Sources: Biden expected to visit Saginaw area next week for event tied to chips legislation
Washington — Democratic sources say President Joe Biden is expected to travel to the Saginaw area Tuesday for an event related to the passage of legislation greenlighting $52 billion in subsidies for the semiconductor industry — a significant win for the state's auto industry.
Biden's potential visit would coincide with Michigan's primary election Tuesday. The White House declined to comment, though the Federal Aviation Administration issued a special Tuesday advisory for Saginaw that's typically issued ahead of presidential visits.
Three Democratic sources confirmed to The Detroit News that the president might visit the Saginaw area on condition of anonymity because the White House has not yet publicized the trip.
Biden's travel to Michigan would be his first this year, after five visits to the state during 2021. He was last in Michigan in November, when he visited General Motor Co.'s renovated Factory Zero electric vehicle plant in Detroit.
The Saginaw area is represented by U.S. Rep. Dan Kildee, D-Flint Township, whose seat is a top target of national Republicans this year after the redistricting process left him in a mid-Michigan territory with a larger percentage of Republican-leaning voters.
The toss-up race will likely see millions in outside money, as it could help decide which party controls the House majority next year. Kildee's GOP opponent will be determined in Tuesday's primary.
The White House has not said when Biden will sign the CHIPS and Science Act, which passed the House on Thursday. The legislation directs $52 billion in subsidies and $24 billion in tax credits for the computer chip industry, as well as authorizing $100 billion over five years for research programs through the National Science Foundation.
The House voted with bipartisan support, including Republican U.S. Reps. Fred Upton of St. Joseph and Peter Meijer of Grand Rapids Township.
The legislation comes two years after American automakers began dealing with a global shortage of chips, causing companies to cancel shifts and store vehicles until enough chips were available to sell them, leading to the skyrocketing prices of new and used vehicles. The legislation includes $2 billion set aside for "legacy" chips used in autos and defense applications.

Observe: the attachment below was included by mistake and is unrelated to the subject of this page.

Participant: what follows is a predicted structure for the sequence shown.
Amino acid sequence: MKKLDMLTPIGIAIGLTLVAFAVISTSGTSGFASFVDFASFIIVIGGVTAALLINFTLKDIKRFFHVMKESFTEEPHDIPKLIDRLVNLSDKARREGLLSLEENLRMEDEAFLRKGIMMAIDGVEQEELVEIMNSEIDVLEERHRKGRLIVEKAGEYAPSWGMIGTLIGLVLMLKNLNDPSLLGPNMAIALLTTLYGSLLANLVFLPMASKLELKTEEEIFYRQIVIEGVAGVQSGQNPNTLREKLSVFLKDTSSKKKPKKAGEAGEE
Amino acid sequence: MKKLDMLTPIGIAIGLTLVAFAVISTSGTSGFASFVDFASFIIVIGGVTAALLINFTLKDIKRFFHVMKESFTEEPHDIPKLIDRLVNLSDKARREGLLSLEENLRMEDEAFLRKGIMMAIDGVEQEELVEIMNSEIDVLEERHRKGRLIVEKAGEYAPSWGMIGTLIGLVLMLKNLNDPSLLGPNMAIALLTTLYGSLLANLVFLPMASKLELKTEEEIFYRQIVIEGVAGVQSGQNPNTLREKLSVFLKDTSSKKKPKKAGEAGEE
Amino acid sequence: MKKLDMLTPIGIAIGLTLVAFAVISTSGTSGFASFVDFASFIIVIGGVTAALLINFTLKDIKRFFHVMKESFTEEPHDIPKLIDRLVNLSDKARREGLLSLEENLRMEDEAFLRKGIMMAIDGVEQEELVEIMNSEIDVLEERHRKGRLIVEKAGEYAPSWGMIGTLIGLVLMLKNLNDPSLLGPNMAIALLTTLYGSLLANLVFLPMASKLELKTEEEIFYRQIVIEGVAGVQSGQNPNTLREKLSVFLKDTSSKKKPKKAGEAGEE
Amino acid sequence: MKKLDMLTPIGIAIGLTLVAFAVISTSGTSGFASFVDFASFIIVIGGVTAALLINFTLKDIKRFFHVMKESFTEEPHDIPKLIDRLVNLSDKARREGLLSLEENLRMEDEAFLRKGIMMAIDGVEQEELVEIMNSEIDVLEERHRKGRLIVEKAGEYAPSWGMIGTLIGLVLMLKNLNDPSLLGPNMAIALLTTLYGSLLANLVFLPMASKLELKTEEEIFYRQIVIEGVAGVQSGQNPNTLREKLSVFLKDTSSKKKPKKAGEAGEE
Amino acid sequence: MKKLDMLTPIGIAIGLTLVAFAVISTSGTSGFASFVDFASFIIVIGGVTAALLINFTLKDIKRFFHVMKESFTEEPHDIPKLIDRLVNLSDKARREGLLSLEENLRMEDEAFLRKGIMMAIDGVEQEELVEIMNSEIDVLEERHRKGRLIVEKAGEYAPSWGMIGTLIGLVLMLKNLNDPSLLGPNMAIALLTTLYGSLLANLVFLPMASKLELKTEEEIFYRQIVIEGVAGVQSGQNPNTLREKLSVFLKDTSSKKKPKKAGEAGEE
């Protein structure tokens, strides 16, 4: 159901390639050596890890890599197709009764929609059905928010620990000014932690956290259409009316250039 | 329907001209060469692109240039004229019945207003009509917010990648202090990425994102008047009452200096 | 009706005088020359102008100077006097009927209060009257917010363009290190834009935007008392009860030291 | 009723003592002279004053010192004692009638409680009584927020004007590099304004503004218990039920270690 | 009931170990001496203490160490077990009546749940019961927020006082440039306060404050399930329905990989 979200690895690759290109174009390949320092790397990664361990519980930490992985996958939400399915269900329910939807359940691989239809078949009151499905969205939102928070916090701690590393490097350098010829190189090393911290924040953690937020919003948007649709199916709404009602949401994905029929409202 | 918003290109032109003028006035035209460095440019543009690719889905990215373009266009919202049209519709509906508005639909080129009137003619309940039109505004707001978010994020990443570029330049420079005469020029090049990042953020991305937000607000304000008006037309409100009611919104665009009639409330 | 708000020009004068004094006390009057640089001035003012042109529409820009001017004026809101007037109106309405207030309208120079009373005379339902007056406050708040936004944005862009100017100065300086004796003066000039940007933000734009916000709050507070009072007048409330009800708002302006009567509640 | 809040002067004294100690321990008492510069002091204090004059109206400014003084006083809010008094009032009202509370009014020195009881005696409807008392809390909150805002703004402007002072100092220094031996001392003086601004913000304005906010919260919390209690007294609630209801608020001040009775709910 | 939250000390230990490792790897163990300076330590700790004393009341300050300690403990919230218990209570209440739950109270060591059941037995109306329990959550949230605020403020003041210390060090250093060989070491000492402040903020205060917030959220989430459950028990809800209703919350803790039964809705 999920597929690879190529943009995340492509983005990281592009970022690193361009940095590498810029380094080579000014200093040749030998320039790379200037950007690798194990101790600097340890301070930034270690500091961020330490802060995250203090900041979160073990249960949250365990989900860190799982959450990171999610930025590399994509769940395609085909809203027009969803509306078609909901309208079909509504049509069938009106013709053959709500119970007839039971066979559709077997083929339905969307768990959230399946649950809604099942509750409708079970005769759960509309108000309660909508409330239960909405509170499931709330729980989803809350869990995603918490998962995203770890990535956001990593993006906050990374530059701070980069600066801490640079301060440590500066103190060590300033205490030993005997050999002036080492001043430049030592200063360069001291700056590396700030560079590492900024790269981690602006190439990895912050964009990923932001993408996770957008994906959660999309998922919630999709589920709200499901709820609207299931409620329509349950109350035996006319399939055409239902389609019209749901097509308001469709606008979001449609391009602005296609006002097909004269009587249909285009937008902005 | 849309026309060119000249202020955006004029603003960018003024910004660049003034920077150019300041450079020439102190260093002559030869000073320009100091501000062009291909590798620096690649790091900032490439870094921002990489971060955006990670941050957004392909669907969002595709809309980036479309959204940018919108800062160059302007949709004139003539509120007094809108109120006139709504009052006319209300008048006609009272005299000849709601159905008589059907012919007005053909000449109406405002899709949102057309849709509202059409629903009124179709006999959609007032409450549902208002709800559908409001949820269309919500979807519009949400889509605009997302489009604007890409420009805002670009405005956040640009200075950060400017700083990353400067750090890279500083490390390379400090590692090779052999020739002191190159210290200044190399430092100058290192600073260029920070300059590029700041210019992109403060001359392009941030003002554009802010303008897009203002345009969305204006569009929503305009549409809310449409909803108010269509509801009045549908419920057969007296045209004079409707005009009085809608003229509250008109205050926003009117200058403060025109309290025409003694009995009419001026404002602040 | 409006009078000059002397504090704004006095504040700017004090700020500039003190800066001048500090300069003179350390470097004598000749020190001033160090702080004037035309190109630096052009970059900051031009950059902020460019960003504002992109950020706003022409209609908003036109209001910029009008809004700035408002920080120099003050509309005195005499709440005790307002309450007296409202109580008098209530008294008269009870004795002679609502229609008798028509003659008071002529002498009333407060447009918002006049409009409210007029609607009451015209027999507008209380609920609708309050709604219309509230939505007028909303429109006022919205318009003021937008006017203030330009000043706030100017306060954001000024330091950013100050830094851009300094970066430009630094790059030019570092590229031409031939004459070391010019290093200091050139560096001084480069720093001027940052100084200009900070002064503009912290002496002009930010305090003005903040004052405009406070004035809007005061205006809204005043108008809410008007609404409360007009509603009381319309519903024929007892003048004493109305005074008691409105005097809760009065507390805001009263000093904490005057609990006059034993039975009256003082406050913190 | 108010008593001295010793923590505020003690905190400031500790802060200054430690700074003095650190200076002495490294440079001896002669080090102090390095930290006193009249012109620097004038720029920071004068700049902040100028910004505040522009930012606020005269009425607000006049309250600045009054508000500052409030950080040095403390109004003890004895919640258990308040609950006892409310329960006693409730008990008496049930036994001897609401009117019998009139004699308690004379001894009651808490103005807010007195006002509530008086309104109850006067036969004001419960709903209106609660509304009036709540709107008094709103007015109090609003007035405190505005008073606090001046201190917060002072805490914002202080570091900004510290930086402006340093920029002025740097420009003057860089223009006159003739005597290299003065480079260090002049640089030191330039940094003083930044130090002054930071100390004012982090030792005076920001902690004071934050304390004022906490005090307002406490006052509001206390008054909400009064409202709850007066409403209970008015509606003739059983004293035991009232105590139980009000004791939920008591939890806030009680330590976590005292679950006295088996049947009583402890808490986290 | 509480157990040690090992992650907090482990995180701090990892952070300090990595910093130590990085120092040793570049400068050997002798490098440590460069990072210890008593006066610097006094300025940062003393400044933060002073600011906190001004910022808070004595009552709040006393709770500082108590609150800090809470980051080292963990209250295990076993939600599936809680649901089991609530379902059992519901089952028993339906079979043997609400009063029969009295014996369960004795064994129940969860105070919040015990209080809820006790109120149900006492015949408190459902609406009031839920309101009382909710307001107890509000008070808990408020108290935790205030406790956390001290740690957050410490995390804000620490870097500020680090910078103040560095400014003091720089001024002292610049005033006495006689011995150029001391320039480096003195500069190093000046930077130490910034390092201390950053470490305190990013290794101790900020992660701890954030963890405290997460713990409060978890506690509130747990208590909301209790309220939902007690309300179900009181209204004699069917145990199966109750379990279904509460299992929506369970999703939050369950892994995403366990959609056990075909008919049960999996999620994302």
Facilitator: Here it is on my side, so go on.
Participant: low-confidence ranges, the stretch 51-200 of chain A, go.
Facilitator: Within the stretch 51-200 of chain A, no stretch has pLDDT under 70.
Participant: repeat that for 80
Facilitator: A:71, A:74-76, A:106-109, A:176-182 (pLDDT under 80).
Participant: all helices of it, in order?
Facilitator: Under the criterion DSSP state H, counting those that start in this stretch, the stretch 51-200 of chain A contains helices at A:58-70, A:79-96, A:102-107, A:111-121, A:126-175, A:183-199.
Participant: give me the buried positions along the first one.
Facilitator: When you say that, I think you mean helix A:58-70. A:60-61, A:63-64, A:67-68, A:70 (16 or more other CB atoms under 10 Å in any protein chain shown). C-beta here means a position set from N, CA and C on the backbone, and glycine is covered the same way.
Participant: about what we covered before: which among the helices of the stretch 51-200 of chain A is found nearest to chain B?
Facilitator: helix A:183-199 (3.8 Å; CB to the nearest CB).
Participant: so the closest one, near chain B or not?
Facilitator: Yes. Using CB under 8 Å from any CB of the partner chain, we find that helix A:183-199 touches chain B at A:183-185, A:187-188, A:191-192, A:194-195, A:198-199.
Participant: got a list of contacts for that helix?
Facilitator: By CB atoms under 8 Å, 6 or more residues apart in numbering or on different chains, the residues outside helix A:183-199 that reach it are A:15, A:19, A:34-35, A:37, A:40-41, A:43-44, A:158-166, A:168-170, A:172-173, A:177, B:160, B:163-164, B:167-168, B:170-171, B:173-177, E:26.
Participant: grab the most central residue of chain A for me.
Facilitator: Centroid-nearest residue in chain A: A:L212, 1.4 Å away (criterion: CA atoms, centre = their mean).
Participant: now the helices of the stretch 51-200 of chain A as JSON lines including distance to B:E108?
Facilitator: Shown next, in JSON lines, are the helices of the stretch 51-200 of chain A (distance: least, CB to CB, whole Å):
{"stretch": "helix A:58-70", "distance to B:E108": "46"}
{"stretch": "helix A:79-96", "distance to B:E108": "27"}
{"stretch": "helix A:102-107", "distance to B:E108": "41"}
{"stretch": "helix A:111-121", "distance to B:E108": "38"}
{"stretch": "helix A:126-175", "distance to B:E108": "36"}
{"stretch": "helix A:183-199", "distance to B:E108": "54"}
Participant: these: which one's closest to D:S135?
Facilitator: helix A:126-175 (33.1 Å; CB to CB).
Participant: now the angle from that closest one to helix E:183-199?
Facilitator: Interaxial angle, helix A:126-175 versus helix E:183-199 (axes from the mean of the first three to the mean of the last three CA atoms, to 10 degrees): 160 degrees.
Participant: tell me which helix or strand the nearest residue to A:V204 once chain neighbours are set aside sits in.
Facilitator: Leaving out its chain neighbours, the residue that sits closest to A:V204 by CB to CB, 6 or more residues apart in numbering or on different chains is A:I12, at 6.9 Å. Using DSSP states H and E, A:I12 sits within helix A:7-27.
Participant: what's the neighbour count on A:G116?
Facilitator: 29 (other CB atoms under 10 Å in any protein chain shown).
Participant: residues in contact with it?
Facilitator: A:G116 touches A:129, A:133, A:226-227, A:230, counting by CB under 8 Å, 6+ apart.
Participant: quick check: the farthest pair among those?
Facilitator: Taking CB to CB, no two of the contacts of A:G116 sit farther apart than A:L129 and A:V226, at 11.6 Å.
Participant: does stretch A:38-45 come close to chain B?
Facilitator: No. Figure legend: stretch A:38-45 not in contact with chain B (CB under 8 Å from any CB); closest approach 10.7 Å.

It also comes amid a period of increasing competition between the U.S. and China for global influence and economic prowess. Proponents of the funding have argued there's a national security interest in building up a domestic supply of chips.
The U.S. produces only 12% of the world's microchips, compared with 37% in the 1990s. Around three-quarters of the world's chip manufacturing capacity is in east Asia, and more than 90% of the world's capacity for the most advanced chips is in Taiwan, which faces possible military incursions from China. None of the most advanced chips are currently produced in the U.S.
The Semiconductor Industry Association estimates it costs 30% more to build a chip fab in the U.S. than in Taiwan, South Korea or Singapore and up to 50% more than in China.
Other countries in Europe and Asia have offered big subsidies for companies to locate there, and proponents argued the U.S. needed to invest to properly compete.
Biden, 79, recently recovered from a case of COVID-19, testing negative and ending his quarantine Wednesday.
First lady Jill Biden was in Detroit just last week with U.S. Secretary of Education Miguel Cardona, visiting with students attending a Detroit Public Schools Community District summer learning program at the Schulze Academy for Technology and Arts.